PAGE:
This article was republished with permission from Michael Volkov’s blog, Corruption, Crime & Compliance.
Hui Chen, the Department of Justice’s Compliance Counsel, recently stated that 2015 was the year of due diligence and third-party compliance. A recent survey conducted by Kroll and Ethisphere provided a status check on how the due diligence compliance effort is going.
Many companies have heard the message about the importance of due diligence compliance and instituted due diligence systems, hopefully using automated programs. Companies that continue to rely on paper due diligence systems are only asking for trouble, or better have a small population of third parties.
Recently, Kroll and Ethisphere came out with an interesting survey on third-party due diligence. A copy is available here.
Companies continue to rely on third parties – nearly half of all companies responding to the survey have more than 1,000 third parties, and almost 20 percent deal with more than 25,000. Risk-ranking systems are the only way to survive when handling this large a third-party population. Interestingly, one in four companies lack confidence that their company’s controls could identify potential third-party violations of anti-corruption laws.
Almost half of the respondents conceded that they lack adequate resources to support their company’s anti-corruption compliance program. With increasing growth and lack of adequate resources, companies have to redouble their efforts in due diligence and managing third-party risk.
To do so, automation is essential, coupled with risk-ranking strategies to justify allocation of resources to higher-risk third parties. For many companies, due diligence is a time- and resource-intensive process, especially considering the numbers of third parties companies are using. Compliance has to reach out and rely on business staff to gather additional information from the proposed third party.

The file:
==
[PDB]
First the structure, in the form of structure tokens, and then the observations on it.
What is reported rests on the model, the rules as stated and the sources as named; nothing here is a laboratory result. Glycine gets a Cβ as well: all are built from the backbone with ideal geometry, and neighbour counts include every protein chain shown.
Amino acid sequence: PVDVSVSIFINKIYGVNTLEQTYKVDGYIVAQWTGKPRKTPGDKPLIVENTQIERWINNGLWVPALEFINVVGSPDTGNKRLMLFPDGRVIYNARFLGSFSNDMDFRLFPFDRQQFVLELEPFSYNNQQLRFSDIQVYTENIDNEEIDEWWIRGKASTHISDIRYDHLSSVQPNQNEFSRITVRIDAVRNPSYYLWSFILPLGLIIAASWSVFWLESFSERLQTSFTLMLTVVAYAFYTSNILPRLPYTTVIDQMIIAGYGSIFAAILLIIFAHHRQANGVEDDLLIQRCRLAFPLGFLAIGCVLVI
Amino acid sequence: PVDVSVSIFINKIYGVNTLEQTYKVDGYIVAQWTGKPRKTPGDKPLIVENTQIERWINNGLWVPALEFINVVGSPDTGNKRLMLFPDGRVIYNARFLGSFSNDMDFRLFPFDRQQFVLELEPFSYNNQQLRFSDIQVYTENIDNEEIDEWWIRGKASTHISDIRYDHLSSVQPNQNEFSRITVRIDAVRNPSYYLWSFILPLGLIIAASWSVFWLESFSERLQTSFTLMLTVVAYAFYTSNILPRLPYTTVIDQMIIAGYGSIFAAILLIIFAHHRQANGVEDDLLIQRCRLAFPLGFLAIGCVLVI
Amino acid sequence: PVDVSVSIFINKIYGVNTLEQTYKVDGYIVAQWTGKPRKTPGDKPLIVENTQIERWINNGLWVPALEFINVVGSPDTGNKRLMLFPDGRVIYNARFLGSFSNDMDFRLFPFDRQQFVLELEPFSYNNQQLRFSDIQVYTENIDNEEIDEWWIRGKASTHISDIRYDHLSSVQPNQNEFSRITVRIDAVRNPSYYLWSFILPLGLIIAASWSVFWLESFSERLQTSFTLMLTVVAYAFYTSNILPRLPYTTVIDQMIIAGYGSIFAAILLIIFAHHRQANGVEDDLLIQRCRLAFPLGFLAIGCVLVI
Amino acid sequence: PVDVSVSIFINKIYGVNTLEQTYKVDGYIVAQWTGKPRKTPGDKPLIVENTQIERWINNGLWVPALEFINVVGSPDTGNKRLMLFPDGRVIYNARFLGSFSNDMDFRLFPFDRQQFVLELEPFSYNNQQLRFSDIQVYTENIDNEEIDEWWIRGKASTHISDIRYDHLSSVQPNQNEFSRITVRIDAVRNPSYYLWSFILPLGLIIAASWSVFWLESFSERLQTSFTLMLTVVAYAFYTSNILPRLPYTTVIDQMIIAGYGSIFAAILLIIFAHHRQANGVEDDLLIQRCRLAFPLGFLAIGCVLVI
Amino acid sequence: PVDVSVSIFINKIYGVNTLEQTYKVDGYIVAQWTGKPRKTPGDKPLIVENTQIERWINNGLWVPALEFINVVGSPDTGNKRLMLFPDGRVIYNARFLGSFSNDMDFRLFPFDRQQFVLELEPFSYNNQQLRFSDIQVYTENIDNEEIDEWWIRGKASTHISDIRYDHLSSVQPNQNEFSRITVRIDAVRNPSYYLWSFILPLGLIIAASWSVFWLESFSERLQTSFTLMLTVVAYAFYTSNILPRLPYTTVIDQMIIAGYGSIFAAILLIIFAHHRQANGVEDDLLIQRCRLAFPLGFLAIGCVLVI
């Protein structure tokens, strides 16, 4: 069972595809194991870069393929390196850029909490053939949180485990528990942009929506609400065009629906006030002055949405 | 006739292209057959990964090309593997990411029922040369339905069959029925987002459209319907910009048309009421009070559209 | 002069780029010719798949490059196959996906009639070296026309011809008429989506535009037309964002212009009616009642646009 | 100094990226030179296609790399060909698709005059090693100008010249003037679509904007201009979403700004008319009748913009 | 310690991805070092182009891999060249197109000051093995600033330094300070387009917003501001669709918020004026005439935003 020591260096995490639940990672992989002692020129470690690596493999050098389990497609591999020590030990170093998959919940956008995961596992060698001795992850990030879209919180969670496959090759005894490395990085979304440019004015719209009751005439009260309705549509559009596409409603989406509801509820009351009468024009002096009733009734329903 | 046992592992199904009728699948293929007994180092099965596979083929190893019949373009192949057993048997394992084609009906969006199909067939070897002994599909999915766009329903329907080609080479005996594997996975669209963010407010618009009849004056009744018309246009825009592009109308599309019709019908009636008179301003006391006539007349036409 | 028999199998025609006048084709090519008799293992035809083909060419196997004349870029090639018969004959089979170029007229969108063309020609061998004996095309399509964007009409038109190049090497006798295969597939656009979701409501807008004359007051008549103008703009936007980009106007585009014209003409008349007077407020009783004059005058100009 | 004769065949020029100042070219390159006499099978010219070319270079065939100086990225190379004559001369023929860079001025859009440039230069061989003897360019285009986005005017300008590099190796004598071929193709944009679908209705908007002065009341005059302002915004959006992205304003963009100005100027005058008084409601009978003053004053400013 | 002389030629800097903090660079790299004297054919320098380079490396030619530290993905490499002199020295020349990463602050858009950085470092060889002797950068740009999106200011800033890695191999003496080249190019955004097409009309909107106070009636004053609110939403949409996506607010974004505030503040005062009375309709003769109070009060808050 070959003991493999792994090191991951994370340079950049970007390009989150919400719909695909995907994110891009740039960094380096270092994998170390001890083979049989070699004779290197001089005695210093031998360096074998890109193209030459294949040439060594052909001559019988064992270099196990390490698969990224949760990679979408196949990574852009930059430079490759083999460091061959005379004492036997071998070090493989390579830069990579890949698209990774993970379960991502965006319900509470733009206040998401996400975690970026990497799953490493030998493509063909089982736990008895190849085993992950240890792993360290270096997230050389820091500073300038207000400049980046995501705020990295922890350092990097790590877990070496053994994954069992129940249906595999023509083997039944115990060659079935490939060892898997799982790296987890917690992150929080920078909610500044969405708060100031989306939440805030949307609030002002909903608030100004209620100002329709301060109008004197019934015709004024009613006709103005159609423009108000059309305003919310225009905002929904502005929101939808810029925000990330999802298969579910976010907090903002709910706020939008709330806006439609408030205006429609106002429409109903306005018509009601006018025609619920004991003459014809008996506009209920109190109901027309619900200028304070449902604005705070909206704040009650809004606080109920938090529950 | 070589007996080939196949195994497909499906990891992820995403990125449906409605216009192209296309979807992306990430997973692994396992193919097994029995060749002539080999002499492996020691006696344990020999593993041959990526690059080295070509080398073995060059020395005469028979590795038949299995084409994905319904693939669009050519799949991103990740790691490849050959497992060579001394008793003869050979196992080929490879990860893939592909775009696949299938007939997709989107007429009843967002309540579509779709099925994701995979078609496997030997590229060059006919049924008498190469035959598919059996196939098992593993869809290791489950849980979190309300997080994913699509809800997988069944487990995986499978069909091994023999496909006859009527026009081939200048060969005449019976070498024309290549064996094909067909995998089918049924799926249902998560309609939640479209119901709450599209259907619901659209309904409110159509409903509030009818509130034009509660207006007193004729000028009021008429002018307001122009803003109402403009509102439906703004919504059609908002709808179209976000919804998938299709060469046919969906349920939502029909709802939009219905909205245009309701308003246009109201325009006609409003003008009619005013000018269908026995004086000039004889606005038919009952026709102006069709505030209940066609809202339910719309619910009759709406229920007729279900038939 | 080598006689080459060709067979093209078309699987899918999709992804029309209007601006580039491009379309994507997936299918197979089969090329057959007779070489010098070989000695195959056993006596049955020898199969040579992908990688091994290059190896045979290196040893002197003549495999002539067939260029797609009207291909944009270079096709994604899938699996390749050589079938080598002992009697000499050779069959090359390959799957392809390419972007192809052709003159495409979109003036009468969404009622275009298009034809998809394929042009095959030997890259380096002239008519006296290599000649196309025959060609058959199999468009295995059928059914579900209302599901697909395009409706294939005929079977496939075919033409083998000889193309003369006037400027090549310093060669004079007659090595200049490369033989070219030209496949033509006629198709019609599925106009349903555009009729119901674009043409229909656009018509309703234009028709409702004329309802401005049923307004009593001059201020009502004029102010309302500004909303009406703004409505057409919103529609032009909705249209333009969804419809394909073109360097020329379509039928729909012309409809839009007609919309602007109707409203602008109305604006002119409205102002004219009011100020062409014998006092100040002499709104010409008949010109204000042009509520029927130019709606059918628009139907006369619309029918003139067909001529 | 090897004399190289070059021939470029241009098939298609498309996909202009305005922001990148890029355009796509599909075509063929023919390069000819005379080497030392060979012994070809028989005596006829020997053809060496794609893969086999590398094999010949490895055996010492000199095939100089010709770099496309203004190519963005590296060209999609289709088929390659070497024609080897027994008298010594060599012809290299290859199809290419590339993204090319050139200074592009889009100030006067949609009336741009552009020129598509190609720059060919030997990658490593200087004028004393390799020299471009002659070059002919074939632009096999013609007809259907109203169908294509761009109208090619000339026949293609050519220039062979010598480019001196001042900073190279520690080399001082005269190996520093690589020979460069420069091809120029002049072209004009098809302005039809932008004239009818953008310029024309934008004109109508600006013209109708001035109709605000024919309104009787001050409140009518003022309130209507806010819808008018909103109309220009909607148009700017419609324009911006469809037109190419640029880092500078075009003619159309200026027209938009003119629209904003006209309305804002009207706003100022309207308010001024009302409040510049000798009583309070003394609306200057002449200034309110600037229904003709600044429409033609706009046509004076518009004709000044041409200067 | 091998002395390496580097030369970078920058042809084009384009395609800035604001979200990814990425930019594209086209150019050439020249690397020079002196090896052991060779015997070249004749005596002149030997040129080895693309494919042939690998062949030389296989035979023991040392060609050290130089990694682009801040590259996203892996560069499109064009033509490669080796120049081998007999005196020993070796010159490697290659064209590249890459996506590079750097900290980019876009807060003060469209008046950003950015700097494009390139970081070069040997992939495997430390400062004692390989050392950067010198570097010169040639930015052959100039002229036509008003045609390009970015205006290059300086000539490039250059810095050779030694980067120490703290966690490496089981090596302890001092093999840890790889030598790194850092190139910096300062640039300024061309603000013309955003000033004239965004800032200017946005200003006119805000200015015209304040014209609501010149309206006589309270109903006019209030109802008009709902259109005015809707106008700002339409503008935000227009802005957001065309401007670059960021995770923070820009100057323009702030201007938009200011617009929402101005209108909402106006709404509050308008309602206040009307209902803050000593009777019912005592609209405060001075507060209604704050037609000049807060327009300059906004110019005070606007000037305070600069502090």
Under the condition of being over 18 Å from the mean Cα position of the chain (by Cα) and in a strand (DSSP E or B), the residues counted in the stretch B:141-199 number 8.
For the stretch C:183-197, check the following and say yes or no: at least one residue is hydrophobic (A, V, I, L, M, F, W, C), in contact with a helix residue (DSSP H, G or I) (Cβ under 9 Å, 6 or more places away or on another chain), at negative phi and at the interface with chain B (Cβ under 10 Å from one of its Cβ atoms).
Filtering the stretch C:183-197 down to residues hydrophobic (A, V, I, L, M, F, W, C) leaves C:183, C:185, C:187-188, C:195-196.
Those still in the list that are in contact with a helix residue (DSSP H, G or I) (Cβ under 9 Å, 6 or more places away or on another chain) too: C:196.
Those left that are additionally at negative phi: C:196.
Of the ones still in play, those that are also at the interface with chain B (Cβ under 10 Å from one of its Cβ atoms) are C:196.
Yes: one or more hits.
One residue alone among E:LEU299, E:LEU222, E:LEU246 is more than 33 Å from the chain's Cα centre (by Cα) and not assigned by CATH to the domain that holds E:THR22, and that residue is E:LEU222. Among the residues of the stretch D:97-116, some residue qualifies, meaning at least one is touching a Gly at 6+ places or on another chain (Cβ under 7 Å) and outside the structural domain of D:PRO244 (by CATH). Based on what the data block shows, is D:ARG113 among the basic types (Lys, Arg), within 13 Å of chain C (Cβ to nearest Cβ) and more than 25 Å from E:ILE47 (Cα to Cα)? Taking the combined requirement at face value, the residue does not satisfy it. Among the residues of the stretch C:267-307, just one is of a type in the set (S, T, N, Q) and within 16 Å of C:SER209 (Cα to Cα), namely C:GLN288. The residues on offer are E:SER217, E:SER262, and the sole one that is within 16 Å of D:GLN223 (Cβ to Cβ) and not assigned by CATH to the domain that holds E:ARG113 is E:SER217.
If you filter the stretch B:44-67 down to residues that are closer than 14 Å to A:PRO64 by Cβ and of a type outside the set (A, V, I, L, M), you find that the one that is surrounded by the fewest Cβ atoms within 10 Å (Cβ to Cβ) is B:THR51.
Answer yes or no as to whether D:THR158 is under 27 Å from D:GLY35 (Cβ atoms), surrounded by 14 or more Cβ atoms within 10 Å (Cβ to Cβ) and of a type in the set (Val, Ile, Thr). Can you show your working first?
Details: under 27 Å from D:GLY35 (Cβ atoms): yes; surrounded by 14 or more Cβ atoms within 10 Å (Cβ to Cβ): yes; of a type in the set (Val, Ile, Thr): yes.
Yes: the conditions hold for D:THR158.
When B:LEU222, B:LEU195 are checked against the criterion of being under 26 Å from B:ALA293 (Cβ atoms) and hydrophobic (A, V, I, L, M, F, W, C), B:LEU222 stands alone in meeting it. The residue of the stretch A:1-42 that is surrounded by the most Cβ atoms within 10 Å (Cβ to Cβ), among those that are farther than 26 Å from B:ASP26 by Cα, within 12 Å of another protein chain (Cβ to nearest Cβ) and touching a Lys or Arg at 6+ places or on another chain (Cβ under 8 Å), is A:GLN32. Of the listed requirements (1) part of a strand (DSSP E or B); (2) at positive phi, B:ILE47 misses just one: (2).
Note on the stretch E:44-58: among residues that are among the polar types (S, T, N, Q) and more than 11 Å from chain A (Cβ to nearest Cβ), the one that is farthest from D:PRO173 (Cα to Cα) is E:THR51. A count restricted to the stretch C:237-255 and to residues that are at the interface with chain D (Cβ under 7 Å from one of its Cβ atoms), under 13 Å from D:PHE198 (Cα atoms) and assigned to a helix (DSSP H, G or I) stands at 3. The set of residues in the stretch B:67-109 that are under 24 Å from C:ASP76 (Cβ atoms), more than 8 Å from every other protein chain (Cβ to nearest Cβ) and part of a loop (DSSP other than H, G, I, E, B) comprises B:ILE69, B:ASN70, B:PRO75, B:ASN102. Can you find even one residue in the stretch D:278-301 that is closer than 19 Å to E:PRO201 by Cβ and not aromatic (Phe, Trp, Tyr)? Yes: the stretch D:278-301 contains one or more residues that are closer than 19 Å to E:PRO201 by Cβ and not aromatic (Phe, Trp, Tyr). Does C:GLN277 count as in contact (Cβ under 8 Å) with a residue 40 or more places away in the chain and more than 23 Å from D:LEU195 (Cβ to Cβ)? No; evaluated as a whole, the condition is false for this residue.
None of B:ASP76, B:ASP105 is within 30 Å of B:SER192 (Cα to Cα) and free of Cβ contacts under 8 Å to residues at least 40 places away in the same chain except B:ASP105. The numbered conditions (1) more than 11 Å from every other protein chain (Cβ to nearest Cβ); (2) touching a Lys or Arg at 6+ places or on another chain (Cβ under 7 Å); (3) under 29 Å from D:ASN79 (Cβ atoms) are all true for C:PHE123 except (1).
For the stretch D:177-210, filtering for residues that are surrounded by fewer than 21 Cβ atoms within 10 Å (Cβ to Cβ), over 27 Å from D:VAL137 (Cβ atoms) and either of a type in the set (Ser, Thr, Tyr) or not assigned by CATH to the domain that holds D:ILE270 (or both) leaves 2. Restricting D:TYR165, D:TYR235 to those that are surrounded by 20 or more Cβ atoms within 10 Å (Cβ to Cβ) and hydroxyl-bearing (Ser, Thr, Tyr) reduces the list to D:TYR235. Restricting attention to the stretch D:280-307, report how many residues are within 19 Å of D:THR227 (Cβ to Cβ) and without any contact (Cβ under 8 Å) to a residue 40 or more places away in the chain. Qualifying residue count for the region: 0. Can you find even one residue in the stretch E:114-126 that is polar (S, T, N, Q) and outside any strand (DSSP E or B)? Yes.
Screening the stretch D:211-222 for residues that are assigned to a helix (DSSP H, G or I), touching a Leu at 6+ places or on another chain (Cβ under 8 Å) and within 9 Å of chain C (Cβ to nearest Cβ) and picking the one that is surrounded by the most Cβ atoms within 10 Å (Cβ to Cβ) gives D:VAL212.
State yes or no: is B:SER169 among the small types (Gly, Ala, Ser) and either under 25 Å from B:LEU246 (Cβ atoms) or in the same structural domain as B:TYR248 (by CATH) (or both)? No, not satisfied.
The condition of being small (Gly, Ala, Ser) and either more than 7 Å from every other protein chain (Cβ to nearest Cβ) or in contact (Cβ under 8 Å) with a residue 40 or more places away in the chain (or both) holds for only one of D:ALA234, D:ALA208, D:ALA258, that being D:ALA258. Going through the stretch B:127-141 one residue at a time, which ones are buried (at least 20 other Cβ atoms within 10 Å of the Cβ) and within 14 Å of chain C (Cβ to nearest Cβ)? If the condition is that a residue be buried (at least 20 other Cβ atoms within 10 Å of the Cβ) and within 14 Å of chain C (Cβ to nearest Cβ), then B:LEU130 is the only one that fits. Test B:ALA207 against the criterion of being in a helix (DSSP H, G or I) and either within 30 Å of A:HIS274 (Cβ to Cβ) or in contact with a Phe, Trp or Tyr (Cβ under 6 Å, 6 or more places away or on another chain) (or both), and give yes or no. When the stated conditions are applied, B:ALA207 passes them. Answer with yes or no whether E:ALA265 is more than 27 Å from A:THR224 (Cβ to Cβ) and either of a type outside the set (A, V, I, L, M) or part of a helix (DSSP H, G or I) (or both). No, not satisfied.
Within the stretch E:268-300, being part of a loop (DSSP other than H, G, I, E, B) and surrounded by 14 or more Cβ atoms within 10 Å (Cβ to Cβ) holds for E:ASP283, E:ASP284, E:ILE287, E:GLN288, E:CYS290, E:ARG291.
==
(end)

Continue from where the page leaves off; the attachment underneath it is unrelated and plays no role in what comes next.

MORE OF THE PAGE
The key to making any due diligence system work is risk-ranking based on documentation and a legal analysis of the proposed strategy for allocating resources. When combined with an advice of counsel memorandum, the company can demonstrate its good faith to review the riskiest third parties using the most efficient allocation of resources.
Interestingly, the Kroll/Ethisphere survey found that the most significant reason for third-party malfeasance was a failure to conduct enough due diligence (48 percent). This may reflect perfect hindsight, but it raises a question as to whether enough due diligence is being conducted based on the assigned risk and whether the candidates are withholding important information needed for due diligence. If companies are cutting corners in the due diligence process, this is bound to come back and bite them for failing to act.
The three most common reasons for rejecting a proposed third party were consistent with the prior year’s survey: reputational concerns, questionable relationships with government officials and unusual contract and payment terms.
The survey noted a positive development – almost three-quarters of companies were relying on contractual provisions to communicate and enforce compliance expectations. I have always maintained that contractual provisions can be used as an effective tool to ensure third-party compliance with specific compliance requirements.
A little over half of all companies require third parties to acknowledge a third-party code, and a similar percentage require acknowledgment of the company’s code of conduct. This represents a new and welcome development: companies are adopting third-party codes of conduct and imposing the requirements on their third parties as a condition to doing business.
Training third parties continues to be a challenge. Only one-third of companies reported training third parties. I would expect that number to increase in the coming years as companies employ web-based training systems that provide easy access for third parties.